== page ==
PFS after ASCT is highly dependant on several prognostic factors. This makes the results of different studies difficult to compare and strengthens the need for randomized studies. Chemosensitivity to the salvage regimen is the most important factor for the success of ASCT, such that patients who do not have at least a partial response to second-line chemotherapy are not generally accepted as ASCT candidates.26 Z-BEAM may be able to partially overcome the poor prognosis of chemorefractoriness.21, 27 When the secondary IPI was retrospectively applied to patients included in the PARMA study, it could distinguish patients with different survival probabilities.28 Hamlin et al applied the secondary age-adjusted IPI to 150 patients treated for relapsed/refractory aggressive lymphoma.29 Among the patients with chemosensitive disease (ASCT candidates), 4-year PFS was 69%, 46%, and 25% for patients with low, intermediate, and high secondary IPI, respectively. Several studies have shown that positive fluorodeoxyglucose (FDG)-PET before ASCT is associated with a poor outcome. Derenzini et al showed a 3-year PFS of 87% and 35% in patients with negative and positive FDG-PET scans before ASCT.30 These observations were recently confirmed in a meta-analysis.31 Schot et al combined FDG-PET with the clinical risk scores. Both were independent predicting factors, and the combined score separated patients into 4 groups with PFS of 5% to 100%.32 Relapse within 12 months from diagnosis has been shown in the PARMA trial as a very poor prognostic factor.33 Similarly, the CORAL study identified early relapse, secondary IPI >1, and prior rituximab therapy as poor prognostic factors in relapsed lymphoma.5 Three major risk factors were identified in the current study. Advanced age was a dominant poor prognostic factor. Disease risk defined as relapse within 12 months of diagnosis and/or secondary IPI >2 was another significant risk factor. These 2 known risk factors were combined to reduce the number of subsets in this limited patient group. Positive PET-CT was a third factor. The effect of prior rituximab could not be analyzed, as all but 1 patient had rituximab with frontline therapy. These risk factors were combined, similarly to the approach of Schot et al, showing a wide separation in prognosis. Patients with none of these factors had an excellent outcome, whereas patients with all 3 factors had a dismal outcome regardless of the regimen used. The intermediate group with 1 or 2 risk factors had a PFS of 48%. In this group, Z-BEAM was shown to have an advantage over BEAM alone, with 2-year PFS of 69% and 29%, respectively (P = .07) and 2-year OS of 100% and 63%, respectively (P = .008). It is possible that higher than standard doses of the radioconjugate will benefit higher-risk patients, but this has not yet been tested. The current observations must be considered with caution, as they are based on small patient subsets. We cannot rule out that subtle differences in the risk profile between the groups that were not statistically significant because of patient numbers contributed to the difference in survival. However, these observations can serve as hypothesis generating for further studies. Results of any future clinical study should be interpreted in light of these prognostic factors.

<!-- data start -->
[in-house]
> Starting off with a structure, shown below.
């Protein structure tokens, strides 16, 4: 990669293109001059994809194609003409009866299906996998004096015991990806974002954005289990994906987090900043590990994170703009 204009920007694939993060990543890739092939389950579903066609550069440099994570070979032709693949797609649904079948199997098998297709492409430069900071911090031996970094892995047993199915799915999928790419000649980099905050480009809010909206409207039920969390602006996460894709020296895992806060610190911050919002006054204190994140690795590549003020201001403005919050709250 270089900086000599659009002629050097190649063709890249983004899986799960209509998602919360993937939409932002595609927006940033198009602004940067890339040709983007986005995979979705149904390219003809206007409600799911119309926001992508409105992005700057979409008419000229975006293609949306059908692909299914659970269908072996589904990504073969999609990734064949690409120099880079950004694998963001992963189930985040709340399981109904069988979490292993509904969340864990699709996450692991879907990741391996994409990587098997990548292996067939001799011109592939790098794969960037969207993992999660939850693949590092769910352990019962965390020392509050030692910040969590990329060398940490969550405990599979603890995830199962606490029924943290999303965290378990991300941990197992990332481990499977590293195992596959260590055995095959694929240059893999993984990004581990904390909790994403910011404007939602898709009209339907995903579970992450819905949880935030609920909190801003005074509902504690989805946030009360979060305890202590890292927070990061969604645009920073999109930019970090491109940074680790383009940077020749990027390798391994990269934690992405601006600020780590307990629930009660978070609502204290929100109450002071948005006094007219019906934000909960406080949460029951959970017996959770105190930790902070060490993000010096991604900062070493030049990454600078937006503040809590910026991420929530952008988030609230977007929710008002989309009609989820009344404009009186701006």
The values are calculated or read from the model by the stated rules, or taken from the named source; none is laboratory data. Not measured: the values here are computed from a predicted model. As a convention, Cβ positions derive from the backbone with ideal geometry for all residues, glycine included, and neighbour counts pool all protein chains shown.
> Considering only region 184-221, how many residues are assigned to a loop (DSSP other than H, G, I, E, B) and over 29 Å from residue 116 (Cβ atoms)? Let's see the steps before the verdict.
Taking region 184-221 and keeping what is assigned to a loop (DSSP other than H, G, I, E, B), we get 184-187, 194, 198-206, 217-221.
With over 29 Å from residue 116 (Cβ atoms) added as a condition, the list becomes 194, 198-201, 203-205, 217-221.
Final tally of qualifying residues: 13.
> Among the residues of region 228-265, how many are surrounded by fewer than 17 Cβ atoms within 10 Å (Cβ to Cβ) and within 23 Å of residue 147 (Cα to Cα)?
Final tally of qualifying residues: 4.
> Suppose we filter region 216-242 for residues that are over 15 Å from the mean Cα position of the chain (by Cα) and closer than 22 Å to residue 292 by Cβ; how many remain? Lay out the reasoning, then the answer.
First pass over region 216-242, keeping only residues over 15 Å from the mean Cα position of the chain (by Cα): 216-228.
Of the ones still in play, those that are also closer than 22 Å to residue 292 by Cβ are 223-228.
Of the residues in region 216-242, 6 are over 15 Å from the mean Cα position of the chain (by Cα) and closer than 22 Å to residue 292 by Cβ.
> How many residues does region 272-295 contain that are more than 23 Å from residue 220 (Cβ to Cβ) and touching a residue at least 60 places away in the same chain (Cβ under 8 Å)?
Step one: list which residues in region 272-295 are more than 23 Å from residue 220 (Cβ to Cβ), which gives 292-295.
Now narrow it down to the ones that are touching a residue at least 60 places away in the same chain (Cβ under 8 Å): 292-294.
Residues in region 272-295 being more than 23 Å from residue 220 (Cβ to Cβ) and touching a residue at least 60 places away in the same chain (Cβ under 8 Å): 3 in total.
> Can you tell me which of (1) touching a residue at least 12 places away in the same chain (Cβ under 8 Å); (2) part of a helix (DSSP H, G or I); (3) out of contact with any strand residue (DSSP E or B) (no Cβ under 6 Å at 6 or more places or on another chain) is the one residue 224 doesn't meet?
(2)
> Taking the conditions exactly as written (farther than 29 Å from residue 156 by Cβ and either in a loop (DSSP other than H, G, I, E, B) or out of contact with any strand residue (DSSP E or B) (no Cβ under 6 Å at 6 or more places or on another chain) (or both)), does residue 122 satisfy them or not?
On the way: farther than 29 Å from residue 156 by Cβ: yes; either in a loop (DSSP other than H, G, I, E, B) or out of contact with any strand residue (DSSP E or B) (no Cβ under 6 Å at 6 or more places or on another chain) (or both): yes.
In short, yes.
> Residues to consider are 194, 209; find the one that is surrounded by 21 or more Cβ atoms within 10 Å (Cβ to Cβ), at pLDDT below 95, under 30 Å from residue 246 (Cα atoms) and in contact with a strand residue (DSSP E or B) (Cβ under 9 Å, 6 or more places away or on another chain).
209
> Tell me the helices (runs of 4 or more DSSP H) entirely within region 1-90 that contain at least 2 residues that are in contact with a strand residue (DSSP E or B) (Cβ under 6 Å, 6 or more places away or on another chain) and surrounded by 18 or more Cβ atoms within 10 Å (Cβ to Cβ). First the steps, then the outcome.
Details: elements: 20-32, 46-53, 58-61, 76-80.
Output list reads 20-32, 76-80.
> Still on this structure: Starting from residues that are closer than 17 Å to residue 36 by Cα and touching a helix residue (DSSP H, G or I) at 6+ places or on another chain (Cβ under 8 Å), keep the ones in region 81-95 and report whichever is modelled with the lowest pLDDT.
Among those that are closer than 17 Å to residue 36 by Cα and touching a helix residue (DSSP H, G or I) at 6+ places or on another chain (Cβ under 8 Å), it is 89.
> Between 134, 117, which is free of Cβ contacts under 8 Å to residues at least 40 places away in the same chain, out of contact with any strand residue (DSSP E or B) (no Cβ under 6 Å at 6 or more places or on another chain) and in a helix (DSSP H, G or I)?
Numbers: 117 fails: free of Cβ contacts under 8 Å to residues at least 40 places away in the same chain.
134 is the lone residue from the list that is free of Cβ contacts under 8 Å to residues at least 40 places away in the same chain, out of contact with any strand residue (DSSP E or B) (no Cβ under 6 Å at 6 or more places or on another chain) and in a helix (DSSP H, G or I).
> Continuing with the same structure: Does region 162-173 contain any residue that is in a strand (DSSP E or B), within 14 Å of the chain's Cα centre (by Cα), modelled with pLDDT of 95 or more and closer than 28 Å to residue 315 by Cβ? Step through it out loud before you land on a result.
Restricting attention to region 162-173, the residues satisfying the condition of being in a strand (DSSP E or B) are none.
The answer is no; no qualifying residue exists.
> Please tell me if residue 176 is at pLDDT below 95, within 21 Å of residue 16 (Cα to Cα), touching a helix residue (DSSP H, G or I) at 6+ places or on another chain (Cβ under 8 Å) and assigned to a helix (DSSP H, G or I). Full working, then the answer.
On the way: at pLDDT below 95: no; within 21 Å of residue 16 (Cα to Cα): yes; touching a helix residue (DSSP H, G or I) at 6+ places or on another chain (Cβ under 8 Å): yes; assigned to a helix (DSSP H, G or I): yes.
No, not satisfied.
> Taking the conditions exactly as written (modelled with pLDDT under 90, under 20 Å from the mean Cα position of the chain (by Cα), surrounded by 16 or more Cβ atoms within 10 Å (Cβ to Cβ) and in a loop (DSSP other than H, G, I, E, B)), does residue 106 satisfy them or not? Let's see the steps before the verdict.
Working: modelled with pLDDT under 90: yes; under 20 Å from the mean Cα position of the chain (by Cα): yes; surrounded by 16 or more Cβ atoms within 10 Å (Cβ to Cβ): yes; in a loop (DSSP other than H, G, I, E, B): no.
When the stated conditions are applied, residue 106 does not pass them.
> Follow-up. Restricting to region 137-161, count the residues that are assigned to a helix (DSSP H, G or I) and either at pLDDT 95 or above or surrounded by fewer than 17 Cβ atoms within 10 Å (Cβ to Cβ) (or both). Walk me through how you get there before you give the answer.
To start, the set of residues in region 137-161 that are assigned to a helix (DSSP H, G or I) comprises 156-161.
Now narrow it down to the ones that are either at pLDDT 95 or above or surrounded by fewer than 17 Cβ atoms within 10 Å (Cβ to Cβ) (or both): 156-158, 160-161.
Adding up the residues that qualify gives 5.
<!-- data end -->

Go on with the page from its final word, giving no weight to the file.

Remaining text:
The major limitation of this study is the low patient number, resulting from early closure of the study because of low accrual. Rituximab in frontline chemotherapy leads to selection of a poor-risk population at relapse that is becoming a major challenge. Other studies have shown a lower response rate at relapse for patients with prior rituximab therapy. The study was designed to compare 2 conditioning regimens; therefore, patients were randomized only after documented response to second-line therapy. We do not have data on response rate before randomization, but based on the above discussion, we can expect that improved outcome after first-line therapy and low response rate after relapse led to the low accrual. It seems that even for responding patients, results are currently inferior to those of patients in the prerituximab era, as PFS in the control group was only 37%. This emphasizes the need for better regimens. Larger, international studies with longer follow-up will be needed to confirm these observations before the new Z-BEAM regimen can be accepted as a standard of care for ASCT in the era of rituximab-containing front-line and second-line chemotherapy.